But under the United Nations Charter, the United States cannot use force in another country without its consent or the authority of the Security Council except in response to an armed attack or a threat of an imminent armed attack. “So under international law, the attack on Suleimani would not have been lawful unless he presented an imminent threat,” Mr. Bellinger said.
Claims that an imminent attack could take “hundreds of American lives,” as Mr. Pompeo put it right after the drone strike, have also generated doubts because no attack in the Middle East over the past two decades, even at the height of the Iraq war, has ever resulted in so many American casualties at once in part because embassies and bases have become so fortified.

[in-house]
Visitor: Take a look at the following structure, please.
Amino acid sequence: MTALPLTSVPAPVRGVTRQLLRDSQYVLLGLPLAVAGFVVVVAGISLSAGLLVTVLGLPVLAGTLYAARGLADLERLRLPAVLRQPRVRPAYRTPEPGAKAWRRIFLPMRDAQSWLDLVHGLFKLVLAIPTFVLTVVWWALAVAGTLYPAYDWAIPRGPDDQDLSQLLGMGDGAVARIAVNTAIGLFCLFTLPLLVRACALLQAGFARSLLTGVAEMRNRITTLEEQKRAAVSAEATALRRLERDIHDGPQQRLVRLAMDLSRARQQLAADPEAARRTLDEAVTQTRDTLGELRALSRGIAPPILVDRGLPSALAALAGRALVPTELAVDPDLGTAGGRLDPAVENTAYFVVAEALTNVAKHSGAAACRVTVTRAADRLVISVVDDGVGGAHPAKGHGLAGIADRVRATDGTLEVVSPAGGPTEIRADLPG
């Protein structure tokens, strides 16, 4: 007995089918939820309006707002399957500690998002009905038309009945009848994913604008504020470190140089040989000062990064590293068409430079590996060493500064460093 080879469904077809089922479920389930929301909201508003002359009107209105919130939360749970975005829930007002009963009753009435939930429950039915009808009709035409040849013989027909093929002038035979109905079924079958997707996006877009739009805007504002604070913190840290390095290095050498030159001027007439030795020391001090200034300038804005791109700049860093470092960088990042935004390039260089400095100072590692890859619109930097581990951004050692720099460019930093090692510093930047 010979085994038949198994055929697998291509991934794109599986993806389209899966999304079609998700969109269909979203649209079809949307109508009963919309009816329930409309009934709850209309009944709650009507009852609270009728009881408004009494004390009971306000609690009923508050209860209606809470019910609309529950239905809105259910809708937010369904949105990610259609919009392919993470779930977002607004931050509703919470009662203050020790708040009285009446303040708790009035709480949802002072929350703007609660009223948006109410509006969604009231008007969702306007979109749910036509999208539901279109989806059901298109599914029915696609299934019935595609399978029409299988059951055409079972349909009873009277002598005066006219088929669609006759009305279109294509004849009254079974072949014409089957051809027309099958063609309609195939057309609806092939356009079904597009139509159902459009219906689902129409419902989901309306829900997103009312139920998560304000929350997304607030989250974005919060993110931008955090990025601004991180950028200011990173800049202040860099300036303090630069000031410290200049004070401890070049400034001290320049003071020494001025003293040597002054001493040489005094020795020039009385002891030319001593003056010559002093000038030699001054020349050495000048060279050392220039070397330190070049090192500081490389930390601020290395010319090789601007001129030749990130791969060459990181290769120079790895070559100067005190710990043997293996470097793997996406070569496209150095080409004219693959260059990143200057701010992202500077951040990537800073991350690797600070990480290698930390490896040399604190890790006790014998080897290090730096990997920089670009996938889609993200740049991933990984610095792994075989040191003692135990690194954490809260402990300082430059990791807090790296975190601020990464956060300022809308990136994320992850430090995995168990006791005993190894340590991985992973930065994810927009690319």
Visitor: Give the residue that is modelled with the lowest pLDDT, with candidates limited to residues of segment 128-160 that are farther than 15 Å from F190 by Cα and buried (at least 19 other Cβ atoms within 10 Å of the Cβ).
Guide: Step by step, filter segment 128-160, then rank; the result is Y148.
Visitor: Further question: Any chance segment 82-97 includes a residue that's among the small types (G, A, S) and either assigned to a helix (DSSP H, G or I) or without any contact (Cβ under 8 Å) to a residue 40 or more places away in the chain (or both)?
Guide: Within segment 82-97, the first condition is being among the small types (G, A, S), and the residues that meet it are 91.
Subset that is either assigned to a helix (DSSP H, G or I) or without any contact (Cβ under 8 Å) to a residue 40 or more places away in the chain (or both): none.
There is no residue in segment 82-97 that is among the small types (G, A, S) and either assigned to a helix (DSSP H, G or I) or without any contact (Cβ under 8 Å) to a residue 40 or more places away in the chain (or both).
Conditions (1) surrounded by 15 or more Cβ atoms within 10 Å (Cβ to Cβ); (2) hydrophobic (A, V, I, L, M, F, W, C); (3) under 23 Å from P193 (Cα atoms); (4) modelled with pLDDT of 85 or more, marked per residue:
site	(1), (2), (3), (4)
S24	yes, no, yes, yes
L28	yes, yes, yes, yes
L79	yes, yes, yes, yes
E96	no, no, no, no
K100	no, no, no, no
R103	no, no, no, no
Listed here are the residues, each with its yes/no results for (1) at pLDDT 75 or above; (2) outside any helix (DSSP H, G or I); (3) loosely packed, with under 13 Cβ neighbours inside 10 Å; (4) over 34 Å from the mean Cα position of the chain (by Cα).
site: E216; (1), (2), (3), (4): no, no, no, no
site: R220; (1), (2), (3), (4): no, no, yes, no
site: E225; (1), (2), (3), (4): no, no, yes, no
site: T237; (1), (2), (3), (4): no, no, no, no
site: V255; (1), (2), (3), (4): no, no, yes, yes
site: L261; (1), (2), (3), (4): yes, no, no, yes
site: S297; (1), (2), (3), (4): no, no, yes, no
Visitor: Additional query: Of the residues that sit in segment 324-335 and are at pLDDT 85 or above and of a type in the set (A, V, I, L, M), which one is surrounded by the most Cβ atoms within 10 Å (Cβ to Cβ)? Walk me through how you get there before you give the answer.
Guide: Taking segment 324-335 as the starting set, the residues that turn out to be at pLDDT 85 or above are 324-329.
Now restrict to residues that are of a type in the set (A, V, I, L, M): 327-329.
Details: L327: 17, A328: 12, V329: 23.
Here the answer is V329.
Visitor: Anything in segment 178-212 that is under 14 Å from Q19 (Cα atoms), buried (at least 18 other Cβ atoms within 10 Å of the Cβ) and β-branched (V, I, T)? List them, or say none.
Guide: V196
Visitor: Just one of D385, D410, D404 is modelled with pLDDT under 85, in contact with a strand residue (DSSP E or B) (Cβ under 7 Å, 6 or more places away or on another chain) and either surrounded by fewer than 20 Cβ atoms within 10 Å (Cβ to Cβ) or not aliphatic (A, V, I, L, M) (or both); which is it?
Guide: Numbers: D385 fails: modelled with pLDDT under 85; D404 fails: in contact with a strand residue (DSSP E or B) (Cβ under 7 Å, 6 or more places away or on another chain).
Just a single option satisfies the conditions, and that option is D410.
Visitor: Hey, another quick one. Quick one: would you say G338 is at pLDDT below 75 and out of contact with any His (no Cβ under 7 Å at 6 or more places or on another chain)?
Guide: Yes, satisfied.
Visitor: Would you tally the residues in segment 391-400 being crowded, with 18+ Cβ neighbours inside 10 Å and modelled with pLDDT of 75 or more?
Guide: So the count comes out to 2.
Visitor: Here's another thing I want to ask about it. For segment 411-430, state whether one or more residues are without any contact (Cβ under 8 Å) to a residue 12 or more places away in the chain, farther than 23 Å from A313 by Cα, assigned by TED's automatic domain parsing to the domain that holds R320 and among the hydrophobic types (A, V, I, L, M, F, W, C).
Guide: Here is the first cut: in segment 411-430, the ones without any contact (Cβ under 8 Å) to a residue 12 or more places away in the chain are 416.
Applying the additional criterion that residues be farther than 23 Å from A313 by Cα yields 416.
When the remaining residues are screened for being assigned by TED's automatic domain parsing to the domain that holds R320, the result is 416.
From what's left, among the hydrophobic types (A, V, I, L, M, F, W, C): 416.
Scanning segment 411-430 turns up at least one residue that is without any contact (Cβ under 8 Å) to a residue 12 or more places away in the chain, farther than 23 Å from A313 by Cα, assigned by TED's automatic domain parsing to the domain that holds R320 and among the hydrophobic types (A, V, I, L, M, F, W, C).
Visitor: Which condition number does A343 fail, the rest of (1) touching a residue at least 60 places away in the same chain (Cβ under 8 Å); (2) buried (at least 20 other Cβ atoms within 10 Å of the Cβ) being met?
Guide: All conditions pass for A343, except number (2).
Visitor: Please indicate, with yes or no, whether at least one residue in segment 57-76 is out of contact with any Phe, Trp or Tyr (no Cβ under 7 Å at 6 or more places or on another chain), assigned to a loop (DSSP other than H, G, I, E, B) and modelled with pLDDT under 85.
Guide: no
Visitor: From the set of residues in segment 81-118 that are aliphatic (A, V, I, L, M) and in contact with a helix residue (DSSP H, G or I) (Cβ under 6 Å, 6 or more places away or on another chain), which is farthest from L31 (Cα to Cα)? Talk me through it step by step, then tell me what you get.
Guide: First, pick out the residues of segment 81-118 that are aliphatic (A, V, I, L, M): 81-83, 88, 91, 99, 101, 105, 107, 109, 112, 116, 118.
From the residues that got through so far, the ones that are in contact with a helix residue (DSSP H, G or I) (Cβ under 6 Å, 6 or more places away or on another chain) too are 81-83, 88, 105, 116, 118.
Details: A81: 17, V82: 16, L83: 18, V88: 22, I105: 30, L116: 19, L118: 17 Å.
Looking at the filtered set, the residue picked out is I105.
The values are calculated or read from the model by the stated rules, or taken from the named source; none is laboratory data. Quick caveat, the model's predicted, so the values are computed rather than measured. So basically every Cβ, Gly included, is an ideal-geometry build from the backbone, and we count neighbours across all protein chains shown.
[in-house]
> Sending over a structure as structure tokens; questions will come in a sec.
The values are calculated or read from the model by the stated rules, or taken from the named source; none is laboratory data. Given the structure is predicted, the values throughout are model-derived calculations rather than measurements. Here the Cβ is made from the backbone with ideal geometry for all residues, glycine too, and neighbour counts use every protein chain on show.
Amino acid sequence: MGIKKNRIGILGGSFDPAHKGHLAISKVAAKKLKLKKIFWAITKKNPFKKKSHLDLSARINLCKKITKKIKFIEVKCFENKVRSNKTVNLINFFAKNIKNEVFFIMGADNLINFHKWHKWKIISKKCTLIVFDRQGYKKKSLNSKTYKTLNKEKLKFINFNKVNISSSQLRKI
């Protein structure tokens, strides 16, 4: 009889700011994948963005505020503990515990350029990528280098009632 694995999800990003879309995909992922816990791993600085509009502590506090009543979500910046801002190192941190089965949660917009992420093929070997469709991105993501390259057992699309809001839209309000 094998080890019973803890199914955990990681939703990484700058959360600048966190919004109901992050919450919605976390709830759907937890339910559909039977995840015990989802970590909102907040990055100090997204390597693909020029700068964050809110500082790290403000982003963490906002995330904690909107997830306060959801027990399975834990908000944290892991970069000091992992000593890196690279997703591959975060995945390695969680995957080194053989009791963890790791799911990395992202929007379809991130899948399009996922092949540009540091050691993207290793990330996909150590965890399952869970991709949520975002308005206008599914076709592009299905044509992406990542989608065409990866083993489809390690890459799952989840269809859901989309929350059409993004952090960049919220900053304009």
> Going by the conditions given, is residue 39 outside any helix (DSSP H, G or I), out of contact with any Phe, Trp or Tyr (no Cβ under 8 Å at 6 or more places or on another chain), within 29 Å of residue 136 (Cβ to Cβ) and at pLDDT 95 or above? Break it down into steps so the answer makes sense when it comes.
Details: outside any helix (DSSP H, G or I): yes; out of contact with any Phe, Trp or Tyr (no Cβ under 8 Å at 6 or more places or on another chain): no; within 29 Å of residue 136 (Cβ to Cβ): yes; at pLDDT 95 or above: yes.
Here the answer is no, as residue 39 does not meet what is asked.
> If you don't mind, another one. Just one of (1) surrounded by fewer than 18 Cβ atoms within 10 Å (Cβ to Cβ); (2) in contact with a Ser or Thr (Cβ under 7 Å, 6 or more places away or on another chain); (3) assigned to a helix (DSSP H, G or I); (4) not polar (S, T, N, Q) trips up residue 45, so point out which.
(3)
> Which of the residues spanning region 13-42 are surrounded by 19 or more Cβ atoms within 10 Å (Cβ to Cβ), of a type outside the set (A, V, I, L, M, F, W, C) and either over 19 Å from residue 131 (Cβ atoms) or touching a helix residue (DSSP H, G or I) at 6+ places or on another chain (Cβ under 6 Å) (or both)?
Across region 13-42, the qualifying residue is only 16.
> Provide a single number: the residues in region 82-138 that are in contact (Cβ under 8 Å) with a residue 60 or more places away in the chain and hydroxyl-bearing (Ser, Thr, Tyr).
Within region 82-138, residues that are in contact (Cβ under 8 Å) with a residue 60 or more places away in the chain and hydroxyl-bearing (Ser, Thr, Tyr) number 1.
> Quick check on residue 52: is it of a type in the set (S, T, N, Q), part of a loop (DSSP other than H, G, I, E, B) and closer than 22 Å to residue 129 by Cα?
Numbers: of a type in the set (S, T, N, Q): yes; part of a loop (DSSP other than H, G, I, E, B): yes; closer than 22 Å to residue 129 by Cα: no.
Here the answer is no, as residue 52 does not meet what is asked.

The contrast in descriptions of what the administration knew and what it did not came in quick succession on a single Fox News show last week.
On Thursday night, Mr. Pompeo, while sticking by his description of an “imminent” attack, acknowledged that the information was not concrete. “We don’t know precisely when and we don’t know precisely where, but it was real,” he told the host, Laura Ingraham.
The next day, in a separate interview, Mr. Trump told Ms. Ingraham that in fact he did know where. “I can reveal that I believe it probably would’ve been four embassies,” he said.